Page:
Due to knee injuries, Hart has not appeared in a major-league game since 2012. Nevertheless, he posted strong numbers as a Milwaukee Brewer that season, as shown above. The veteran, who turns 32 this month, was a commodity this winter because he provides something many teams drool over, Right-Handed Power™.

The problem, though, is that Hart signed with the Seattle Mariners. He now accompanies Logan Morrison, Justin Smoak, and Jesús Montero in a first base/DH logjam. With his past injuries and lack of athleticism, Hart has no business playing the outfield anymore, but he’ll need to do so to keep his bat in the lineup, slashing his value in the process. He has also signed up to play half his games at Safeco Field, a harsh park for righties.

Had he signed with the Astros, Hart would have not only enjoyed a better opportunity to play first base or DH, but also a shorter left field fence. Minute Maid Park’s left-field wall sits 315 feet from home plate, 16 feet closer than Seattle’s. Further, its left-center field alley invites more doubles and homers than Safeco’s. If Hart chose the Mariners simply because they’ll have a better team in 2014, his choice has merit, but it should skew his stats for the worst.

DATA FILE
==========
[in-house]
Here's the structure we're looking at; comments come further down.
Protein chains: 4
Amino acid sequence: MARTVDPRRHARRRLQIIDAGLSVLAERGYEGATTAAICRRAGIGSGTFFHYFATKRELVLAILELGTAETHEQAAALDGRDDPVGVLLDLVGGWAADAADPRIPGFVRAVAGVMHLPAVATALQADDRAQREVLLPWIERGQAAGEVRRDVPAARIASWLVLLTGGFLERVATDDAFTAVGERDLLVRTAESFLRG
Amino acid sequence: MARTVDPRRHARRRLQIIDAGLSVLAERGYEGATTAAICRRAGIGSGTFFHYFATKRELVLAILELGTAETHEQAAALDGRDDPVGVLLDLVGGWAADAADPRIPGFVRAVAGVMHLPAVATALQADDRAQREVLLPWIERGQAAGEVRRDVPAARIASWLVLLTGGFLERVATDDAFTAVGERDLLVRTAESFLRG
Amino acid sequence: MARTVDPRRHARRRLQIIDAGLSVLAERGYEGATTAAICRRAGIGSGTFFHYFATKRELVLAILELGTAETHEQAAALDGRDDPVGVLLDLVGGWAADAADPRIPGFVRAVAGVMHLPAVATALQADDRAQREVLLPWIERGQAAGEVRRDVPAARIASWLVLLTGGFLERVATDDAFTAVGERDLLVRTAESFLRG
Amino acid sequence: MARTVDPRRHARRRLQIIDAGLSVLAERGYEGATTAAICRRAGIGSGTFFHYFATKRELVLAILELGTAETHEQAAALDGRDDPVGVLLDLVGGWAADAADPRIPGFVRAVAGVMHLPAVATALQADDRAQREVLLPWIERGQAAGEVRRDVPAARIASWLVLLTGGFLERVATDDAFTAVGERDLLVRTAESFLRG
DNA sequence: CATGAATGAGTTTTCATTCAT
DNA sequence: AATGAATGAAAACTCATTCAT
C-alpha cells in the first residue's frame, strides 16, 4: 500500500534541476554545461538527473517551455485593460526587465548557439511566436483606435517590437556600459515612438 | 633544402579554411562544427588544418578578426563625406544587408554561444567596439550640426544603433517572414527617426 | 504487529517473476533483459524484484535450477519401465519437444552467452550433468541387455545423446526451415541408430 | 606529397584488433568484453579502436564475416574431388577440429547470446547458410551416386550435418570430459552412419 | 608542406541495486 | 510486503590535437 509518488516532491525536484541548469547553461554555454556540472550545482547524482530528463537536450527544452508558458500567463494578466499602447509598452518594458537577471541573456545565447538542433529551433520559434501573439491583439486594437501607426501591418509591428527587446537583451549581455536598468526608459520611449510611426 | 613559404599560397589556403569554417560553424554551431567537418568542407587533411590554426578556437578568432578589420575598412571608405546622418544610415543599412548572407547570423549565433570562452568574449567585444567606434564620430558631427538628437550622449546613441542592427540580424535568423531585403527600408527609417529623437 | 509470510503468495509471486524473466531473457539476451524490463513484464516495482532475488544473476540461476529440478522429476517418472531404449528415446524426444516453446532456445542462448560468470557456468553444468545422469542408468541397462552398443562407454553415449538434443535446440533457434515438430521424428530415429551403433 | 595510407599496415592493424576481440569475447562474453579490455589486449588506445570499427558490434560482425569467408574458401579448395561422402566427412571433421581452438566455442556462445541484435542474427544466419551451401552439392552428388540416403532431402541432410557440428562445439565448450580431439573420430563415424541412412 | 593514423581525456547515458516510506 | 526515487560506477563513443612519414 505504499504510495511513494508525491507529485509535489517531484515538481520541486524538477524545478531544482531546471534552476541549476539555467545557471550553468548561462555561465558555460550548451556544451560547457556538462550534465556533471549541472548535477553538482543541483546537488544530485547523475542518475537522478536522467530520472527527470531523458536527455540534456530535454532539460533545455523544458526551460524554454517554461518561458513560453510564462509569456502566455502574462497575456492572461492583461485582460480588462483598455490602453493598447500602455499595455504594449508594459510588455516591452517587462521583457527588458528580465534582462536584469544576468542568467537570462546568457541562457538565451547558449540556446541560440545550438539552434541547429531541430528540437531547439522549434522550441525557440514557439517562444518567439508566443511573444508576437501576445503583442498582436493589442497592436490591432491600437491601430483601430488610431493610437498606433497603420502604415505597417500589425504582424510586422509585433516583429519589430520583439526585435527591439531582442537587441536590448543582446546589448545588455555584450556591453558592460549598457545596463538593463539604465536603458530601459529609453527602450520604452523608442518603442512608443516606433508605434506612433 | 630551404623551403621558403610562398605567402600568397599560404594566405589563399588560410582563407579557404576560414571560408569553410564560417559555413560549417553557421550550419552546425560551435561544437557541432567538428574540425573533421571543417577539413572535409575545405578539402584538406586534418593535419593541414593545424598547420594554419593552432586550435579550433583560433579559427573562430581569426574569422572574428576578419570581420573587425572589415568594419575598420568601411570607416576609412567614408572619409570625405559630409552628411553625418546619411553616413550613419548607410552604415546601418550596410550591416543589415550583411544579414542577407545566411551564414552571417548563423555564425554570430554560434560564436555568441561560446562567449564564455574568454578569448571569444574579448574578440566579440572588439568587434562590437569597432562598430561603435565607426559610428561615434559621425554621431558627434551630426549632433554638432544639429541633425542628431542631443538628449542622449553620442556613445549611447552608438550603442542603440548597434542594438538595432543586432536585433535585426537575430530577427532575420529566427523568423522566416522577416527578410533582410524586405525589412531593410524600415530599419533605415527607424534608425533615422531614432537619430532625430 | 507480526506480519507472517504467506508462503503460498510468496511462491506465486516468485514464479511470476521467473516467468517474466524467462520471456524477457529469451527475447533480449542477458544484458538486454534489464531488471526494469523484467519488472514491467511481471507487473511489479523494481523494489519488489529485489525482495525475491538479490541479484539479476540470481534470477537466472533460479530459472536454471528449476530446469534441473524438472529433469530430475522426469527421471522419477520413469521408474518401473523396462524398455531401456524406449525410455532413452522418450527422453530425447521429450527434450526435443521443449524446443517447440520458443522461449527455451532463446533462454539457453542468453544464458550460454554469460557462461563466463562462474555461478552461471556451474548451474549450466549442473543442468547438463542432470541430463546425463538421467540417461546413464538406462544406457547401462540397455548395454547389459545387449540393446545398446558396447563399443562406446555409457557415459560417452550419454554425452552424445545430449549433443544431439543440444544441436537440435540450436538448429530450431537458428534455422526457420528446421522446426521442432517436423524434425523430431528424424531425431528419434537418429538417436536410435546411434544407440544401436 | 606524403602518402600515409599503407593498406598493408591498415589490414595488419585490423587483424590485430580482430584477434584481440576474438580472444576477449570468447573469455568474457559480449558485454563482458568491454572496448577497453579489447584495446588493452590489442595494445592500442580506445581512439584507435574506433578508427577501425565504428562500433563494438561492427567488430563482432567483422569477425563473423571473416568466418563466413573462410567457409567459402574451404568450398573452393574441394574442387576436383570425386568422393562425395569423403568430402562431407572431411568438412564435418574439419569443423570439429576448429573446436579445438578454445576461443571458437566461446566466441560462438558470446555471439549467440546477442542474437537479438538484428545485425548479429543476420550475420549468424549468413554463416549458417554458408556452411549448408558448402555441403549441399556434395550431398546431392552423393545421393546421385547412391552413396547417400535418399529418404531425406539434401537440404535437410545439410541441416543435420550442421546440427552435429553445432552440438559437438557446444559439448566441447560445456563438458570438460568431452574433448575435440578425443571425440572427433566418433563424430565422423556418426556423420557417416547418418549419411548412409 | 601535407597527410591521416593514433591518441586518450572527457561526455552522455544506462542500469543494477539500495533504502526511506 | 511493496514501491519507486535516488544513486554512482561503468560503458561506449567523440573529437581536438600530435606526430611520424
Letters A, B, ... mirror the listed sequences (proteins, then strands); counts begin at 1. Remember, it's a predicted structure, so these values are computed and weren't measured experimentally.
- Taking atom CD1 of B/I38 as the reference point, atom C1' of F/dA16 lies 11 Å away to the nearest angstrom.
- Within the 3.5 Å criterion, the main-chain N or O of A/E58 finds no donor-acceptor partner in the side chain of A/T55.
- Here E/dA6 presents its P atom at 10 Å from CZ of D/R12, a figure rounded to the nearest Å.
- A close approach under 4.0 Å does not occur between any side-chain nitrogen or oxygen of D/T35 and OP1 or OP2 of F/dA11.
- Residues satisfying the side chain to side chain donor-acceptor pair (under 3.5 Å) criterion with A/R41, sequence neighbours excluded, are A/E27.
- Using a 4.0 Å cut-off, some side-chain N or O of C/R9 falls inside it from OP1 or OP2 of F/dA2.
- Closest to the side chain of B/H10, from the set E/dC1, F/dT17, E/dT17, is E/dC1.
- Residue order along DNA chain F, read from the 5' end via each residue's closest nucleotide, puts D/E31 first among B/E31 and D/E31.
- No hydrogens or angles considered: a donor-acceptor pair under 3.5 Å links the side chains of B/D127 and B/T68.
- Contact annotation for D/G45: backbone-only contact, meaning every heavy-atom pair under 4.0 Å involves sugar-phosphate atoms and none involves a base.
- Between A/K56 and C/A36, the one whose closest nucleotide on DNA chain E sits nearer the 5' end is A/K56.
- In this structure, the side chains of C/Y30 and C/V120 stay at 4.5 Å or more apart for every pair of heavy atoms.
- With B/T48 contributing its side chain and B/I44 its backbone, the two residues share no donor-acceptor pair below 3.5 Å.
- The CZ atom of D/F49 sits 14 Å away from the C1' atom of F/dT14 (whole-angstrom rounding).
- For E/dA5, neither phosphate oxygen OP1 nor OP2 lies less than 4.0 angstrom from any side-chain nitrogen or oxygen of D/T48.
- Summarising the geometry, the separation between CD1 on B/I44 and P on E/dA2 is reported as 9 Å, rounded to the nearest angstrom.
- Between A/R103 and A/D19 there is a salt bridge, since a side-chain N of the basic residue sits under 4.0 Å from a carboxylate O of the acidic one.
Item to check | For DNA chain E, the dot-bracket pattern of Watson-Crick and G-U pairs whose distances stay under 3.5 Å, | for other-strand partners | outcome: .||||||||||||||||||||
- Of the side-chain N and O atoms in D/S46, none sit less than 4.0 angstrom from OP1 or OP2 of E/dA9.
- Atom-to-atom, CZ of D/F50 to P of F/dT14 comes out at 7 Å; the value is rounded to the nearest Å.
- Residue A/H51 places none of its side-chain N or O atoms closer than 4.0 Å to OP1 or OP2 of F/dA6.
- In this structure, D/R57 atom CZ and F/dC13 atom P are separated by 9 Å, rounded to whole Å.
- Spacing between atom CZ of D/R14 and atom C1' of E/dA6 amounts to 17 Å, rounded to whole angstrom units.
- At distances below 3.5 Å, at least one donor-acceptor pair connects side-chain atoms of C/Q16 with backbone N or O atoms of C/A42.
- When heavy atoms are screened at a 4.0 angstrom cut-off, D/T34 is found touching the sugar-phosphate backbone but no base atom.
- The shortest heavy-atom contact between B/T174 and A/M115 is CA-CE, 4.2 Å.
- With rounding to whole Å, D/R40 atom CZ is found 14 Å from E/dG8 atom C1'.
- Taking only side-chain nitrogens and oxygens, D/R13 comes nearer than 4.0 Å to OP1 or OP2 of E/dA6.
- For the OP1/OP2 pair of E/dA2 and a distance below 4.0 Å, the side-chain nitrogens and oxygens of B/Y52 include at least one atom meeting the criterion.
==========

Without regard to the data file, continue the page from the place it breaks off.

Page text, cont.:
Photo credit: Gary A. Vasquez-USA TODAY Sports

2. Michael Morse, OF/1B/DH

▪ Current contract, team: 1 year, $6 million, San Francisco Giants

▪ Age during 2014 season: 32

▪ 2013 stats:

Games Played Plate Appearances Home Runs Runs Batted In Batting Average On-base % Slugging % WAR
88 337 13 27 .215 .270 .381 -1.6

Morse can hit for power, and that’s about it. But if he had signed with the Astros this past winter, the team would’ve given him a simple order: smash the ball while splitting defensive reps between first base and DH. Just by staying away from the outfield, "The Beast" might’ve posted his first season of 1+ WAR since 2011. From a personal standpoint, he might have also benefitted from reuniting with Bo Porter, his former third base coach with the Washington Nationals.